Overheard by the Green Mouse at a otherwise deserted local hangout: “Gahan’s like a kidney stone — he, too, shall pass.”
Let’s hope, but as we observe Valentine’s Day 2020, it remains that 46 idolatrous months are left to go amid Gahan III: For the Love of Money. It’s never too early to begin handicapping “next,” so let’s look at the presumptive favorites should our monetizer-for-life decide to take a pay cut and make this term his last.
With Courtney Lewis unexpectedly decamping for a job in Louisville — women and minorities need not apply for advancement in Newbany given Dear Leader’s white male goon ol’ boy network — one springboard lies vacant, and Deaf Gahan has a position to fill as assistant to the city attorney.
After all, it takes two people to lift the typical bond bonus.
These days most of the gratuitous propaganda and photo ops are being handled by redevelopment’s Josh Staten, although this has more to do with the city’s invisible communications director than intentional campaign prep. Staten would be the ideal purely technocratic candidate, except that four-syllable words like “technocratic” are banned in Nawbany by ordinance (one of the few we actually enforce).
Jason Applegate has two months under his belt as an at-large city councilman, which is enough time to have sold Extol advertising to every municipal vendor. He’ll be ambitious, whether from internal or external sources, and he previously has run a city-wide political race, which is important.
So has David Brewer, current township trustee. He’s probably the oddsmakers’ favorite to follow in Gahan’s wake, at least at this point. Second most likely to aspire to power is current police chief Todd Bailey. Has the chief managed to escape the stain of his support for Irv Stumler in 2011? Bossman Jeff has a long memory when it comes to perceived slights.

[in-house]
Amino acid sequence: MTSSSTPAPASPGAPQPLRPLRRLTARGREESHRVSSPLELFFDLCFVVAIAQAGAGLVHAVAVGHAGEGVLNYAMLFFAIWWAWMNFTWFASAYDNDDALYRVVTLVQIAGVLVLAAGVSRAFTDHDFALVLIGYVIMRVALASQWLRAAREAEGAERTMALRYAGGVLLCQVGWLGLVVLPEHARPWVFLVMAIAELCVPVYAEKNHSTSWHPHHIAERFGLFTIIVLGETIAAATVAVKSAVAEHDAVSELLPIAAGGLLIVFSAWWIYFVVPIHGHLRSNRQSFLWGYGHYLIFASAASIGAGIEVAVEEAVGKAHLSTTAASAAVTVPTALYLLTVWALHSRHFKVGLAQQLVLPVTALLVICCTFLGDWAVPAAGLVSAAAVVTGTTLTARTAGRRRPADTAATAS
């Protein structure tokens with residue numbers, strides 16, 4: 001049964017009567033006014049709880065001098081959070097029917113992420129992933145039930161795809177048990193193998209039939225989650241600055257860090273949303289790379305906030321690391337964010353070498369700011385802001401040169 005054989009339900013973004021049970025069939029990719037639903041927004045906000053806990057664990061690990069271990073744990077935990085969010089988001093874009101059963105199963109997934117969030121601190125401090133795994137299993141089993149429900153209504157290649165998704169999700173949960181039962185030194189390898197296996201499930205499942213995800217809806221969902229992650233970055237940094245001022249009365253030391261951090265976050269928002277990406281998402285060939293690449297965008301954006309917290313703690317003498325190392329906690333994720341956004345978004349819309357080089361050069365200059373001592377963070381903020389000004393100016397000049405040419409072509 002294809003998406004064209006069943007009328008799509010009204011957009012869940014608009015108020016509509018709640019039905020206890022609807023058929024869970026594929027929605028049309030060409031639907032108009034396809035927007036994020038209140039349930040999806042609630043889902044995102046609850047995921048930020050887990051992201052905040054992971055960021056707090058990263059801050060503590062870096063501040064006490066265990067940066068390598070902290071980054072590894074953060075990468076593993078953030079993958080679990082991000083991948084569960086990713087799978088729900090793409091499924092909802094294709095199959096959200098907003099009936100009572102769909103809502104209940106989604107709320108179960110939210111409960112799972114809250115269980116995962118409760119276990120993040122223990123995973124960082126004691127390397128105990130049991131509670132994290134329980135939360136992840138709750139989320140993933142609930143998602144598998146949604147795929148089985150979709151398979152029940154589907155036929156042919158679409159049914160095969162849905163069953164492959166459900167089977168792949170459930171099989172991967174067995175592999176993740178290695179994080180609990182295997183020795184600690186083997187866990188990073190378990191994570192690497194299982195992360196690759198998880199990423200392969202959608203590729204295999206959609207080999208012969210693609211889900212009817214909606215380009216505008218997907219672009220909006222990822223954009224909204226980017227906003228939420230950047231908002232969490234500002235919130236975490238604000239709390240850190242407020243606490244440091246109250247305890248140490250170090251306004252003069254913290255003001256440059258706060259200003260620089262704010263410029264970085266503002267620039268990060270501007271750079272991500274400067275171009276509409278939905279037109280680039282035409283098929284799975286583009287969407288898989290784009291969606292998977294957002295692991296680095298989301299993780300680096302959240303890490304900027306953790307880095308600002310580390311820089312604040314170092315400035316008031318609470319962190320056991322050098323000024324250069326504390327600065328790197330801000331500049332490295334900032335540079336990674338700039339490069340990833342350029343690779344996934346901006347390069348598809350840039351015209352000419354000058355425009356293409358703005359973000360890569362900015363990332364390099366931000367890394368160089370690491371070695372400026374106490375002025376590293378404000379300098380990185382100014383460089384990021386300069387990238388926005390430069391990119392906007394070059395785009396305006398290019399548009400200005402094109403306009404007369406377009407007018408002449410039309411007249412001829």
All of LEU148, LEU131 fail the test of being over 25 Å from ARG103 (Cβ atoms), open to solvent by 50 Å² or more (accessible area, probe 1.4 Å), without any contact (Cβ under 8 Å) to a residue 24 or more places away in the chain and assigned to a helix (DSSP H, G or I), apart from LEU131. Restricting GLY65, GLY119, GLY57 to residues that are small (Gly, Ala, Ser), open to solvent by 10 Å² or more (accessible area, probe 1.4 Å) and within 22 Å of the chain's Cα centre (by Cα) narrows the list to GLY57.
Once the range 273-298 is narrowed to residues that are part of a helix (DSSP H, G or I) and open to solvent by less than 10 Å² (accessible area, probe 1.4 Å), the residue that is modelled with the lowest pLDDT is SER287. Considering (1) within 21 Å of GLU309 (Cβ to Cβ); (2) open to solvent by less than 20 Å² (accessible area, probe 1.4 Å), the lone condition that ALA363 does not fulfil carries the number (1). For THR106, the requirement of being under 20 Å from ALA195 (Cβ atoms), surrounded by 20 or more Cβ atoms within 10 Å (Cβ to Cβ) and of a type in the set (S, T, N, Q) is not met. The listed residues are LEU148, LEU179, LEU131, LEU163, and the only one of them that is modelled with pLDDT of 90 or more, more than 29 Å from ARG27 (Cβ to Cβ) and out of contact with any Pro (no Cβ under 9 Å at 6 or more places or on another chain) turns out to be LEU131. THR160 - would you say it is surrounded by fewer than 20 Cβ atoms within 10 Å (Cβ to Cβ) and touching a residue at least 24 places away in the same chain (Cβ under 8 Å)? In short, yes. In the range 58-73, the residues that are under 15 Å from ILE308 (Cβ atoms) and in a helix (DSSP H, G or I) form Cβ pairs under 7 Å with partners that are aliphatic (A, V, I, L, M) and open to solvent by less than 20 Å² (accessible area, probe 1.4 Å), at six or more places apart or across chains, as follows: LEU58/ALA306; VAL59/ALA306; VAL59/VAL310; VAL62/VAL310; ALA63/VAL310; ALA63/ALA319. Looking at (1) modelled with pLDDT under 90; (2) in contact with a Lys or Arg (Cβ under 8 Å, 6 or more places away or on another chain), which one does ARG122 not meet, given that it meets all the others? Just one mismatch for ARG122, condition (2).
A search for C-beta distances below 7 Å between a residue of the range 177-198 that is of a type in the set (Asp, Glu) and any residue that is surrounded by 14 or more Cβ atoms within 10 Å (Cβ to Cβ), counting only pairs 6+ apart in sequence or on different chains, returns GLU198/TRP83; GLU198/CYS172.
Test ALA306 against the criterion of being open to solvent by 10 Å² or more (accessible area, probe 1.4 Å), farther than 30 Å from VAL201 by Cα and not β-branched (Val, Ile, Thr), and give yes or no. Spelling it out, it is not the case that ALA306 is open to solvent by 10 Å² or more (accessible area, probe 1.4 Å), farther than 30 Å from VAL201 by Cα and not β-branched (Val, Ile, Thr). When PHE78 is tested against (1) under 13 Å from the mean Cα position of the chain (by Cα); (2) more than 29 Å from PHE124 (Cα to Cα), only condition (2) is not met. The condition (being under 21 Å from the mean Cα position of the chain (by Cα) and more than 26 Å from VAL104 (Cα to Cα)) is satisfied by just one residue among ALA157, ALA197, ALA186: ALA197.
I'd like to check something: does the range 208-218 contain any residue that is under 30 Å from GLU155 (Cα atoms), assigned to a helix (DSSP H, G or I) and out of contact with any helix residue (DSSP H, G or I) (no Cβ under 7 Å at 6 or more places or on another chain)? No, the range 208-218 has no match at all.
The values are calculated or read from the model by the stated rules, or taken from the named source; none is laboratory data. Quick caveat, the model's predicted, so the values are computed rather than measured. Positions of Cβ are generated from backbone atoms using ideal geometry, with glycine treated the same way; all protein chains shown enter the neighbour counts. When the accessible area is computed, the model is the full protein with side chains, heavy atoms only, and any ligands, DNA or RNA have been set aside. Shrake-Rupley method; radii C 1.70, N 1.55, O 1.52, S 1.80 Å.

These are your mayoral contenders for 2023, but only the Shadow (Squire Adam) knows for sure, and he’s busy lining up Deaf’s photo-op with Michael Bloomberg.
A month ago the Green Mouse asked why three street lights on the orphaned south side Market (between State and Pearl) had been non-functional since well before Harvest Homecoming last year.
Lo and behold, the sacred gatekeepers appear to have been listening, and the job has been passed to Duke Energy.
Yes, it was a slow news week. Still, there were two headlines.
9 million tons of Duke Energy’s coal ash, the EPA’s proposal to loosen regulations about it, and Earthjustice’s lawsuit against the EPA.
As an aside, Recbar 812 was packed all last weekend in terms of physical space, even as expert denizens of cyberspace continued to complain bitterly that no one goes there owing to crappy parking. Similarly, as local media fawned over the announcement that 190+ apartment units will fill the former StemWood site on Grant Line Road, no one asked about the details or the subsidies, just decried the effect on traffic.
It’s Valentine’s Day, and many of you will celebrate it by washing your damn car.
In closing, at Curbed is a commentary about a phenomenon that Greg “Indiana Landmarks” Sekula recently discovered: “Public meetings are broken. Here’s how to fix them.”
Held at times of day that can make it hard for many people to attend without missing work, usually without day care options, and sometimes in locations not favorable to those with disabilities or who rely on transit, these meetings already exclude many groups before they even start. Then there’s the matter of format: Experts and officials typically sit behind a table and give speeches and make presentations, with a microphone set up to take comments from neighbors who can spare the time to spend hours waiting for a few minutes on the mic. No surprise that a Knight Foundation study from 2010 found that attending a public meeting didn’t make residents feel more or less connected to their communities.
Join us again next week as New Agony prepares for an early spring.